## Classical Electrodynamics |

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Page 248

2 (E x H*) (8.47) whose real part

two types of field we find, using (8.24): 2 ok lovo + i . ww. S = ±, (8.48) 8try" | 1 • ?".

=|es IV, pl" — i + p^V,"p Al k where the upper (lower) line is for TM (TE) modes.

2 (E x H*) (8.47) whose real part

**gives**the time-averaged flux of energy. For thetwo types of field we find, using (8.24): 2 ok lovo + i . ww. S = ±, (8.48) 8try" | 1 • ?".

=|es IV, pl" — i + p^V,"p Al k where the upper (lower) line is for TM (TE) modes.

Page 273

... one of which

separated. [Sect. 9.3] Simple Radiating Systems and Diffraction 273 Magnetic

dipole ...

... one of which

**gives**a transverse magnetic induction and the other of which**gives**a transverse electric field. These physically distinct contributions can beseparated. [Sect. 9.3] Simple Radiating Systems and Diffraction 273 Magnetic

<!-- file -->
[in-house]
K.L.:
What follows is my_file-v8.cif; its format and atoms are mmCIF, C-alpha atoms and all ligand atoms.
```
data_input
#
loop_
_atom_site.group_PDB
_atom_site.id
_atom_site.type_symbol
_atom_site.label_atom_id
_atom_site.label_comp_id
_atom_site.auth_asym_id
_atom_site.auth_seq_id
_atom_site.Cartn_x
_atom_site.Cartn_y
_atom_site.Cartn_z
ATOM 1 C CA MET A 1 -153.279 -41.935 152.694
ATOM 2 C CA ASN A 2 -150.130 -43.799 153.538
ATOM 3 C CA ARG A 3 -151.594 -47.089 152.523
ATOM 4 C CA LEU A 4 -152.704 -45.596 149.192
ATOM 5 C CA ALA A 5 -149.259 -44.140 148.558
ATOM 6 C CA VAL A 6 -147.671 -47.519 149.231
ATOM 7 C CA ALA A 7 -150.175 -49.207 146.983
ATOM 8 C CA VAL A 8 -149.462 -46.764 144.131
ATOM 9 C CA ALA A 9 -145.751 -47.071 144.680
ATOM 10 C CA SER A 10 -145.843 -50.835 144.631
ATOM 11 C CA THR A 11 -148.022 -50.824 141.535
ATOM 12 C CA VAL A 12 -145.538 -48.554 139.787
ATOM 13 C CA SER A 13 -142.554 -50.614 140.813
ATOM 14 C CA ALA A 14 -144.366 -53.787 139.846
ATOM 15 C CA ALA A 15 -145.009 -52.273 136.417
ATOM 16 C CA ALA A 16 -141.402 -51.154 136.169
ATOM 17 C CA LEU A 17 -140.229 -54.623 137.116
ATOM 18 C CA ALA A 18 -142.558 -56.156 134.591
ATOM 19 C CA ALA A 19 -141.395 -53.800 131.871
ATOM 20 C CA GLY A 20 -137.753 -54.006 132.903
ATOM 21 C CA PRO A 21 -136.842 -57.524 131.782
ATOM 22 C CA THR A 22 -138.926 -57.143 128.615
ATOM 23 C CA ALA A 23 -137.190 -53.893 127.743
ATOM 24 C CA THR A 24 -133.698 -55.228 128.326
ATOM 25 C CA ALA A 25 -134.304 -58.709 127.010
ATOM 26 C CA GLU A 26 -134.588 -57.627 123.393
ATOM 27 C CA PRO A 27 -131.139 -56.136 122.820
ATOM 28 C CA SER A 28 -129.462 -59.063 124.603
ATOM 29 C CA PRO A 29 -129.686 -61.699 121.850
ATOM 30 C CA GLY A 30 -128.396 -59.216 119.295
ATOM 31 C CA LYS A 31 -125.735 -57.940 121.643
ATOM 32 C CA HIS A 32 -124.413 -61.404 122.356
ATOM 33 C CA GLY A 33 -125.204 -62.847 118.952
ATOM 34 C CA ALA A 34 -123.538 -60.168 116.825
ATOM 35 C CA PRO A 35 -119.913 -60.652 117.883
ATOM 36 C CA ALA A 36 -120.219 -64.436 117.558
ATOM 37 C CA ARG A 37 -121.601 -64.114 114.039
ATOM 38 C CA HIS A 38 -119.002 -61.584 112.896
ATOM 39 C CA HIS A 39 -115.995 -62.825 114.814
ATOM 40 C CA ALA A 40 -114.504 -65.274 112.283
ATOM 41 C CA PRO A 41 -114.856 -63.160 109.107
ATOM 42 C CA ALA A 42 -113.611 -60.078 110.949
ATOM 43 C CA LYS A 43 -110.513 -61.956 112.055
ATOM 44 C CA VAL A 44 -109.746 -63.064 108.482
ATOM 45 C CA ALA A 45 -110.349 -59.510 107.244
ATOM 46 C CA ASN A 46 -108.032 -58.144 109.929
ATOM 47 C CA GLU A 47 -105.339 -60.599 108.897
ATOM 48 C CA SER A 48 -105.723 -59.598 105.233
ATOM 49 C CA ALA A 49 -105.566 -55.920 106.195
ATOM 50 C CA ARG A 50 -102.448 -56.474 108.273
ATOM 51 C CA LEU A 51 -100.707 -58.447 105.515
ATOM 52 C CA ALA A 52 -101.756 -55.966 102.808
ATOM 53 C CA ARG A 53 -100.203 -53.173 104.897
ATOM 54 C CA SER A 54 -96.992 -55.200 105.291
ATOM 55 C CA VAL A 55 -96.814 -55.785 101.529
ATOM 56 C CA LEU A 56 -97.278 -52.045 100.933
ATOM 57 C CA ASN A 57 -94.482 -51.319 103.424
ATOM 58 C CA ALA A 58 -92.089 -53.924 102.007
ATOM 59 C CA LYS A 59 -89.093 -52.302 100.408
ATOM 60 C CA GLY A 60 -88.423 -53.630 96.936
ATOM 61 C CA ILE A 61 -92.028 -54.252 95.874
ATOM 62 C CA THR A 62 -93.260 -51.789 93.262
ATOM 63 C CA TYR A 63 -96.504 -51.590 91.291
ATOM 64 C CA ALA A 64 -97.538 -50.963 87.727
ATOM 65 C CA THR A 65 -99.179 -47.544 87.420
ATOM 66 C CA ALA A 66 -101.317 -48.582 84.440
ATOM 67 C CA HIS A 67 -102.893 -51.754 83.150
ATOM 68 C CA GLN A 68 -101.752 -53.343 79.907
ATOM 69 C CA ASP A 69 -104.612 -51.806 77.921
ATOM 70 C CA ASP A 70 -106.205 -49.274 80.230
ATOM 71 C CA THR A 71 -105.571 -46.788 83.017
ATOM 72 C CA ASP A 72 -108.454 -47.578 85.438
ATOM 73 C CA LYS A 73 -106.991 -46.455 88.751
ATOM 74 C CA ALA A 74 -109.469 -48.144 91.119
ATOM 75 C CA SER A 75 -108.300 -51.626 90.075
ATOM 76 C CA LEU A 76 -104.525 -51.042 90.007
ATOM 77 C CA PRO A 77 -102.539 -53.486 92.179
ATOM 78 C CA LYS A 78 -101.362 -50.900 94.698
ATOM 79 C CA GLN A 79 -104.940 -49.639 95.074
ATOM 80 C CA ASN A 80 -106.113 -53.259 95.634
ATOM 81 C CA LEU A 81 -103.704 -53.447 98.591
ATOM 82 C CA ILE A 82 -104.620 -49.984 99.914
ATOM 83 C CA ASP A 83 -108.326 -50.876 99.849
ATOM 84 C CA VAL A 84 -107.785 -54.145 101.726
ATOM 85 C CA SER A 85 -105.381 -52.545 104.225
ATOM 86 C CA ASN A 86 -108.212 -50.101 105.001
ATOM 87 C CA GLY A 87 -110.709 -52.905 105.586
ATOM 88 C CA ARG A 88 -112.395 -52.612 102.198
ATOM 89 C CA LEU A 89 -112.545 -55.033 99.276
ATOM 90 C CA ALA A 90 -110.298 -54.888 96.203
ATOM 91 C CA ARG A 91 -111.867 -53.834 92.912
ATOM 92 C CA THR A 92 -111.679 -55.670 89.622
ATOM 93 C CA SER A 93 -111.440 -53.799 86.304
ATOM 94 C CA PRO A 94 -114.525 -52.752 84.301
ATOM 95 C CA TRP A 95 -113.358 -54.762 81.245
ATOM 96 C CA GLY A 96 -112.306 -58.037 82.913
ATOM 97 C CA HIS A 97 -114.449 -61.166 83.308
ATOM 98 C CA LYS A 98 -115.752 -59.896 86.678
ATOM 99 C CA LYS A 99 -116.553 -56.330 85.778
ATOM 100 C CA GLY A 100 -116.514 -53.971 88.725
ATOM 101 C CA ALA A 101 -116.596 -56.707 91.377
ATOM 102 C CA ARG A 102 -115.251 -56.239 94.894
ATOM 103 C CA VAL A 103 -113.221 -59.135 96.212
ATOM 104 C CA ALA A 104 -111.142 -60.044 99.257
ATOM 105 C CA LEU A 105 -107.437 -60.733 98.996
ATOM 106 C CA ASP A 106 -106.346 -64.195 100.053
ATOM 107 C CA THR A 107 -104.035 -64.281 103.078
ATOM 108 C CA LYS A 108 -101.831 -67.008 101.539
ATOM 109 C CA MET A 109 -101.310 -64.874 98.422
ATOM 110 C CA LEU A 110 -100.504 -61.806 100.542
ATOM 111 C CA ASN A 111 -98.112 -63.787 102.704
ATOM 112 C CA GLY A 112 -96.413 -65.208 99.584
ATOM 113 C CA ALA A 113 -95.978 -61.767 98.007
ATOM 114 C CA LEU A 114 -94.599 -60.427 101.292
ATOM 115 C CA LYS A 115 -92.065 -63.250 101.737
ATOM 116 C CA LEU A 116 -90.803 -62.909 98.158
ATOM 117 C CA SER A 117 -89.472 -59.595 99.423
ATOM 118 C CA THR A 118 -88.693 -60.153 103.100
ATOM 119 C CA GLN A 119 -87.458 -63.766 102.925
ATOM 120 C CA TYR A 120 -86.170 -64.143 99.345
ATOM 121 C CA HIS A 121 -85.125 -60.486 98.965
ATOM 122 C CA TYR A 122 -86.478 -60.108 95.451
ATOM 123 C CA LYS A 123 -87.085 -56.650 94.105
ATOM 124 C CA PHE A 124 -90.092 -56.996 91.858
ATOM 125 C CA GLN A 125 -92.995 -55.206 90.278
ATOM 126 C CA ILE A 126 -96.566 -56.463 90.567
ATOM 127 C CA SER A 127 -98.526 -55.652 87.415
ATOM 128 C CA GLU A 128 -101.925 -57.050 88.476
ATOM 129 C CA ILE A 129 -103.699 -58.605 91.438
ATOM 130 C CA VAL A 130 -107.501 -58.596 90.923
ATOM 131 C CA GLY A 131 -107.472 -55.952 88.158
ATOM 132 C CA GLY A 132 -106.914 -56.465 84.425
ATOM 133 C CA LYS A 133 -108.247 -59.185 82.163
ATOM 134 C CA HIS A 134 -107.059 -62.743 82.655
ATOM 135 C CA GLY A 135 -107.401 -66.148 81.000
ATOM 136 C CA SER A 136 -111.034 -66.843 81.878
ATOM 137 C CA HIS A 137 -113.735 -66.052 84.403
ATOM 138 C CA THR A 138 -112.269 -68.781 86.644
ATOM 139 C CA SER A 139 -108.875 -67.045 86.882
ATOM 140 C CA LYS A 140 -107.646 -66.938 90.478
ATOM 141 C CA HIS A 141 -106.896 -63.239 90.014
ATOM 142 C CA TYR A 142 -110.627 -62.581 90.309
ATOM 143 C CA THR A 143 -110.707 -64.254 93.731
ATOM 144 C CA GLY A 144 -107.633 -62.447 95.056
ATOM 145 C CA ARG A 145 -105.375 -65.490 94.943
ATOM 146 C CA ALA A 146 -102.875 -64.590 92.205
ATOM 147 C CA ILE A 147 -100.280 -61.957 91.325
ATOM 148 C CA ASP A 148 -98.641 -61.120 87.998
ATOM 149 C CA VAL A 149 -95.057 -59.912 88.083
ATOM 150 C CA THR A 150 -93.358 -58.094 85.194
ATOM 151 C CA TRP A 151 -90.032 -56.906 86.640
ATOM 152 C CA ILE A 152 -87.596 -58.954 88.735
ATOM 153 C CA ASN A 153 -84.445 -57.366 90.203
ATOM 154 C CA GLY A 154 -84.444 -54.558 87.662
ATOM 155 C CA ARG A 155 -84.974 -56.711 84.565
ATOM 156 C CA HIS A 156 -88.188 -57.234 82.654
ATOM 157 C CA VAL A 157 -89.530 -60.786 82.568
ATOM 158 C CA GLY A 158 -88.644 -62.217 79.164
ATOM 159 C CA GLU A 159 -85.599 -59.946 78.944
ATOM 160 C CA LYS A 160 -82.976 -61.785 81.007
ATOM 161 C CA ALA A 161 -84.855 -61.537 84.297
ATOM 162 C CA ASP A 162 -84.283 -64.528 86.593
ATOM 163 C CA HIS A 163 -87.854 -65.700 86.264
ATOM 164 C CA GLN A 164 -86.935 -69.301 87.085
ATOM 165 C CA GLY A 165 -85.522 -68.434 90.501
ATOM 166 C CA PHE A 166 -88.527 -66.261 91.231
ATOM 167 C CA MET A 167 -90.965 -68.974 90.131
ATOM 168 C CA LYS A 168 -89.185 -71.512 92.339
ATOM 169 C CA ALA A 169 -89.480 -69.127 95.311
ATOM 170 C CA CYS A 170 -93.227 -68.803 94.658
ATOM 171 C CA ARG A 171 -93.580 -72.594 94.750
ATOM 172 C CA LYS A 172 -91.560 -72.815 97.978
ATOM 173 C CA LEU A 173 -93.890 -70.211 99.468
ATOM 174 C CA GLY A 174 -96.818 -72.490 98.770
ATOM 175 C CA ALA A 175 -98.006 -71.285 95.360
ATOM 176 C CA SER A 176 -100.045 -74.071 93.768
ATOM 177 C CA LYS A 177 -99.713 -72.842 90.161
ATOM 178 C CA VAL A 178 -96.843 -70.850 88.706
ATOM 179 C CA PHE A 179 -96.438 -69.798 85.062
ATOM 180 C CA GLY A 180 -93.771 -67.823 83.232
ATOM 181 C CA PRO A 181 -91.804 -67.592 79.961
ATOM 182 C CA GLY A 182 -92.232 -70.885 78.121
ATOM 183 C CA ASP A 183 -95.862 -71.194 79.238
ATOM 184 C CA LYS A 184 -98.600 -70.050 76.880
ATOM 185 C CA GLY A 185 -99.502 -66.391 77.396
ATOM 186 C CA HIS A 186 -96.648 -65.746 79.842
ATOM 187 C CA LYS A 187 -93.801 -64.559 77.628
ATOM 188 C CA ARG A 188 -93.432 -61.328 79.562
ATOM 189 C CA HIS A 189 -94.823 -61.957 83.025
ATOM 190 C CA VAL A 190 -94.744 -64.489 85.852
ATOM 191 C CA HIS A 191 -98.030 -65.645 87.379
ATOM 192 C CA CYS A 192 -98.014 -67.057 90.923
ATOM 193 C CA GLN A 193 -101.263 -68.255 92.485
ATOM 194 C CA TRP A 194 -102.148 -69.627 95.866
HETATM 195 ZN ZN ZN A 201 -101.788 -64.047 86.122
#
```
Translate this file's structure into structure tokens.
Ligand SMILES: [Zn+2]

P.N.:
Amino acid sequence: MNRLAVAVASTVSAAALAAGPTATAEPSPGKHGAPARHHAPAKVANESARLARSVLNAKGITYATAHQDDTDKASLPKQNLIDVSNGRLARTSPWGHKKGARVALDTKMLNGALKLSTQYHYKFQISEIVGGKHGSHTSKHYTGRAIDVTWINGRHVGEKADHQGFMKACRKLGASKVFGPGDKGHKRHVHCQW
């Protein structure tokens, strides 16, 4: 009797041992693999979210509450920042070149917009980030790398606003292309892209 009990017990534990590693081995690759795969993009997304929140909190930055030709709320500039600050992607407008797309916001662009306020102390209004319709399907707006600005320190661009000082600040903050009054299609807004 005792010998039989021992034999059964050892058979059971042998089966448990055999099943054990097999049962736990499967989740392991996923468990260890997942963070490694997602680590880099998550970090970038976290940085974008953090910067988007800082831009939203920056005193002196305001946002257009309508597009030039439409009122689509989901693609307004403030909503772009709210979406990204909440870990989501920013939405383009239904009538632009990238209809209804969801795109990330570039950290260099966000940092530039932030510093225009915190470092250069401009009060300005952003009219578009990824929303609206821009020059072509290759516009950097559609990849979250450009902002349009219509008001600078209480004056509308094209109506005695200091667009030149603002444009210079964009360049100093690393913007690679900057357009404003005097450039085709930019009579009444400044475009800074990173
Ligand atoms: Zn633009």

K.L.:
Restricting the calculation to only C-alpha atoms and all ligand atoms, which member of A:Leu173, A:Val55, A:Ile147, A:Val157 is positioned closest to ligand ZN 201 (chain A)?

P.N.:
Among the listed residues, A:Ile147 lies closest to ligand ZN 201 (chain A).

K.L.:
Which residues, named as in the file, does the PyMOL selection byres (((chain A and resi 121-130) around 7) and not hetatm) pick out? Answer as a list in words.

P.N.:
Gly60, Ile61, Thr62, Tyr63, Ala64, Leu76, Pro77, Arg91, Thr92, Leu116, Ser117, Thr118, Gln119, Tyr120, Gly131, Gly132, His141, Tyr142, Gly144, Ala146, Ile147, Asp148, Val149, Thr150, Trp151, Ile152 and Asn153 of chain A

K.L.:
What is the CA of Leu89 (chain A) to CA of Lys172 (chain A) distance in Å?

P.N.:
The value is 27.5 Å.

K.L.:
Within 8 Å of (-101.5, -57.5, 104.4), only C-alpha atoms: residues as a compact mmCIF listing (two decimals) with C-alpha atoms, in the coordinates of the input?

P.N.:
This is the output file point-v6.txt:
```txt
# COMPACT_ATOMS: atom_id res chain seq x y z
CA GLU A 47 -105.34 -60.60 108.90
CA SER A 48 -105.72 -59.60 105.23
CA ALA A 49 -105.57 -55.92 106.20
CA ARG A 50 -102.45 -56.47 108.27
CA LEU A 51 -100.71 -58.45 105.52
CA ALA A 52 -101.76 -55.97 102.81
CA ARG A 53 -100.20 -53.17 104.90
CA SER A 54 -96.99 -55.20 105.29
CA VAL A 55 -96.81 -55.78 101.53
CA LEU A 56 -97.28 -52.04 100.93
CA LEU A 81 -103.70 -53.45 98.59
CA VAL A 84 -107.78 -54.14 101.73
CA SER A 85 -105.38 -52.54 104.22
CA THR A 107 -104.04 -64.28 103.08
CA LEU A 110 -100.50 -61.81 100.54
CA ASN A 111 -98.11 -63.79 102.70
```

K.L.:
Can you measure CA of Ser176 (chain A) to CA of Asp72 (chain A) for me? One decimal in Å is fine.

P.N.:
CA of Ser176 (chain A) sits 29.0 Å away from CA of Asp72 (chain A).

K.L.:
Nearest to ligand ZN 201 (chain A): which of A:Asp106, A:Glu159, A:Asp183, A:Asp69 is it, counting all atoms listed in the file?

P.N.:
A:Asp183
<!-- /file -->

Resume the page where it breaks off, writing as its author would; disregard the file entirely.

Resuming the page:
dipole ...

Page 366

This interaction energy

spin-orbit interaction which is twice too large. The error in (11.45) can be traced

to the incorrectness of (11.40) as an equation of motion for the electron spin.

This interaction energy

**gives**the anomalous Zeeman effect correctly, but has aspin-orbit interaction which is twice too large. The error in (11.45) can be traced

to the incorrectness of (11.40) as an equation of motion for the electron spin.

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### Contents

Introduction to Electrostatics | 1 |

BoundaryValue Problems in Electrostatics I | 26 |

BoundaryValue Problems in Electrostatics II | 54 |

Copyright | |

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